Christmas lights on at YWCA's domestic violence shelter
JANESVILLE--John Genore brought the Christmas tree out of storage early this month and set it up in the living room next to a bright window.
Later, a small group of women strung lights and ornaments on its artificial boughs, while children scrambled to help.
Genore wrapped garlands around the stairway and strung colorful lights in the office at the domestic violence shelter, operated by the YWCA Rock County.
“I like to create a happy environment,” said Genore, shelter assistant.
He and other YWCA employees and volunteers want to make the holidays special for shelter residents, who have fled their homes looking for the gift of safety.
“When they come here, they are rooted out of everything that is familiar to them,” said Jessi Luepnitz, YWCA women's advocate. “We try to create some normalcy.”
Some families don't know what normal means.
“If a woman has been enduring physical or emotional abuse for a long time, she will consider it normal,” Luepnitz said. “And if she has children, they will consider it normal. It is the bravest thing a woman can do to uproot her family, but it is empowering to realize that violence is not normal in relationships.”
A past shelter resident wrote a letter explaining her experience. In part, it reads:
“… there are no words to describe how awful it feels to remove your kids from a home, especially around the holidays,” she said. “I left my home with my two children after my husband demanded we live in the basement and only come up when he left for work. The threats were enough to keep us there.”
Shelter employees helped the woman file a restraining order, secure a part-time job and get child care.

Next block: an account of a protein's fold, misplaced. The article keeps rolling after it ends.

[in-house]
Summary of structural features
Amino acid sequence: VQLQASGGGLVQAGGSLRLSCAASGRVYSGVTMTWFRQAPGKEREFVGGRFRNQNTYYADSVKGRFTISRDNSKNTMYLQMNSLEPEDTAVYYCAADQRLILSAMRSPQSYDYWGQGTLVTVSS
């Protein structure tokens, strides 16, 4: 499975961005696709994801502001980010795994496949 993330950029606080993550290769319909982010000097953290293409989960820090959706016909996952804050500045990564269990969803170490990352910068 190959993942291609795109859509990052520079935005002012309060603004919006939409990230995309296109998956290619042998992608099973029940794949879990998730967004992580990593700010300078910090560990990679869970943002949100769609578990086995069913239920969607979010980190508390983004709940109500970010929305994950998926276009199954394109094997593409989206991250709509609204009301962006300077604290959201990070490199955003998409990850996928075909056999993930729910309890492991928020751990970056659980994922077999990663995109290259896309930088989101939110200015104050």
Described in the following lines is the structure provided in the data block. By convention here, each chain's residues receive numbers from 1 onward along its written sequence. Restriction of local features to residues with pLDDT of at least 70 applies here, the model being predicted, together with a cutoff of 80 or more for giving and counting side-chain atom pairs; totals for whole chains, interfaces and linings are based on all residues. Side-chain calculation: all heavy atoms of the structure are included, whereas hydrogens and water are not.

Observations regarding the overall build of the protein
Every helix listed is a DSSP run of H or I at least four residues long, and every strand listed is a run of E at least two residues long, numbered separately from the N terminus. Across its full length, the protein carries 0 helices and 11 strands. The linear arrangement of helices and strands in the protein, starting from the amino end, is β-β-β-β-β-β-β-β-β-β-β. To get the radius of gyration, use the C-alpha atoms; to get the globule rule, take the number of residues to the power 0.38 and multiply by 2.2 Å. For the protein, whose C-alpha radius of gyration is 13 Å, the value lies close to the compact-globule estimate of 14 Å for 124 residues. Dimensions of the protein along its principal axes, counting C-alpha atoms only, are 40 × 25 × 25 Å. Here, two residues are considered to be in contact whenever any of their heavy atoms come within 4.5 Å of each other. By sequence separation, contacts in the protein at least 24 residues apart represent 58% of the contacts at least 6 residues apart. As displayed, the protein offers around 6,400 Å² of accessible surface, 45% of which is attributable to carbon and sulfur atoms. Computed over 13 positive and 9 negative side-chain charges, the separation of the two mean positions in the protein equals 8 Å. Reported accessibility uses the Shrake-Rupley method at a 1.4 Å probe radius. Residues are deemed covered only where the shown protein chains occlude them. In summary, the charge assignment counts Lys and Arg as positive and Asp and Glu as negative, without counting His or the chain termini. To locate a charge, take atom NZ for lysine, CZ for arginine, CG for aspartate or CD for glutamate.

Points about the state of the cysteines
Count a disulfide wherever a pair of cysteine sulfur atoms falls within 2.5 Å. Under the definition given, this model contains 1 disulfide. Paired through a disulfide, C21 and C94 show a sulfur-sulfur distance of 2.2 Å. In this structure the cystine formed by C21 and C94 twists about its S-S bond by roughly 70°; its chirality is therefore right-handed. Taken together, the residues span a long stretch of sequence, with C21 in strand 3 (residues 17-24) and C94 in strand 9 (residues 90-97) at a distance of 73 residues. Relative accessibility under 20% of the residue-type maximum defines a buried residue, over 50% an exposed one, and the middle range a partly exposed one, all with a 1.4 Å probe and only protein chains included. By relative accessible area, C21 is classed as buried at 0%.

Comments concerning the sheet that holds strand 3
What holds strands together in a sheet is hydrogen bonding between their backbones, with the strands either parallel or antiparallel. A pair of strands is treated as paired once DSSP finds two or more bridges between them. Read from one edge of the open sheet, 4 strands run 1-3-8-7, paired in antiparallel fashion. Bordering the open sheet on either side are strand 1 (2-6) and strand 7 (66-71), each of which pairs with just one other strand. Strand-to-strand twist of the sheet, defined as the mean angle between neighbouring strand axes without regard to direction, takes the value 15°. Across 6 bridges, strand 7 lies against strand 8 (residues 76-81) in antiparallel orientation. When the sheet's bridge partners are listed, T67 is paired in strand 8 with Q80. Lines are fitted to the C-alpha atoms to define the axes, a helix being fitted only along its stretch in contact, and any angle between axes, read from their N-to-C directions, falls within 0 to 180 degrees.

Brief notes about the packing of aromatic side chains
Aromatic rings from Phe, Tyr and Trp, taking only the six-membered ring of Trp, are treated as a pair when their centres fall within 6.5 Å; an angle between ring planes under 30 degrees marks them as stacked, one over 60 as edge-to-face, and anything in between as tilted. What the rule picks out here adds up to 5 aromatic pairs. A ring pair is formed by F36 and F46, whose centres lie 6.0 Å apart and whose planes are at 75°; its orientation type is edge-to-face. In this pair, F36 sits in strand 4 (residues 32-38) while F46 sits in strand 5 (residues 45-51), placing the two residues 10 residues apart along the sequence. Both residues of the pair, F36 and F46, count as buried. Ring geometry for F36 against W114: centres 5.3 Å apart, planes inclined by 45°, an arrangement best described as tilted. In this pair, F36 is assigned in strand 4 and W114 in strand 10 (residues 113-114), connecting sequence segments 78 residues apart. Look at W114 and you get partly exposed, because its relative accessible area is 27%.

Earlier this week, seven women and six children were staying at the shelter, which has room for 33.
Luepnitz predicts the number will increase.
“In the three years that I've been here, we are usually full around the holidays,” she said.
About half the residents will go to safe homes of family members on Christmas Day. Others will cook special meals at the shelter.
“Those who are staying are already planning the dinner,” Luepnitz said. “It is up to them whether they want to open presents on Christmas Eve or Christmas Day.”
Women and children will have many gifts because of generous donors.
“For children, Christmas is all about gifts,” Luepnitz said. “We get donations of gifts from churches, schools and businesses. No one goes without a gift here.”
Presents are important, but the shelter also needs volunteers.
“The most valuable donation we can receive is someone's time,” Luepnitz said. “The shelter operates 24-7 and could not be run without volunteers. There just is not enough money to pay people around the clock.”
Among other things, volunteers work in the food pantry, answer the crisis line and provide childcare for mothers trying to fill out job applications.
Luepnitz has firsthand understanding about what women endure. She came to the shelter a decade ago for help getting a restraining order. Later, she volunteered to give back to the people who assisted her.
Now a YWCA employee, she is still giving back by helping women build safer lives.
She said people don't want to think domestic violence can happen to someone they know.
“Violence is not prejudiced,” Luepnitz said. “It comes in all forms. It can be a son abusing his mother. Or a caregiver abusing a geriatric patient. Or it can happen in a same-sex relationship. It can be emotional, verbal and financial as well as physical.”
So far this year, 86 women and 98 children have stayed at the shelter. Another 300 people, including 10 men, have gotten help through the YWCA's outreach program.
Patti Seger of the statewide End Domestic Abuse Wisconsin calls domestic violence an epidemic, which does not take a break at Christmas.
“Domestic violence is happening every day,” she said. “It never stops because of holidays. We have this idea that Christmas is a time of peace and goodwill, but there is no time of day and no day on the calendar when violence stops. It can happen anytime, anywhere, to anyone, regardless of age.”
Anna Marie Lux is a columnist for The Gazette. Her columns run Sundays, Tuesdays and Thursdays. Call her with ideas or comments at (608) 755-8264, or email firstname.lastname@example.org.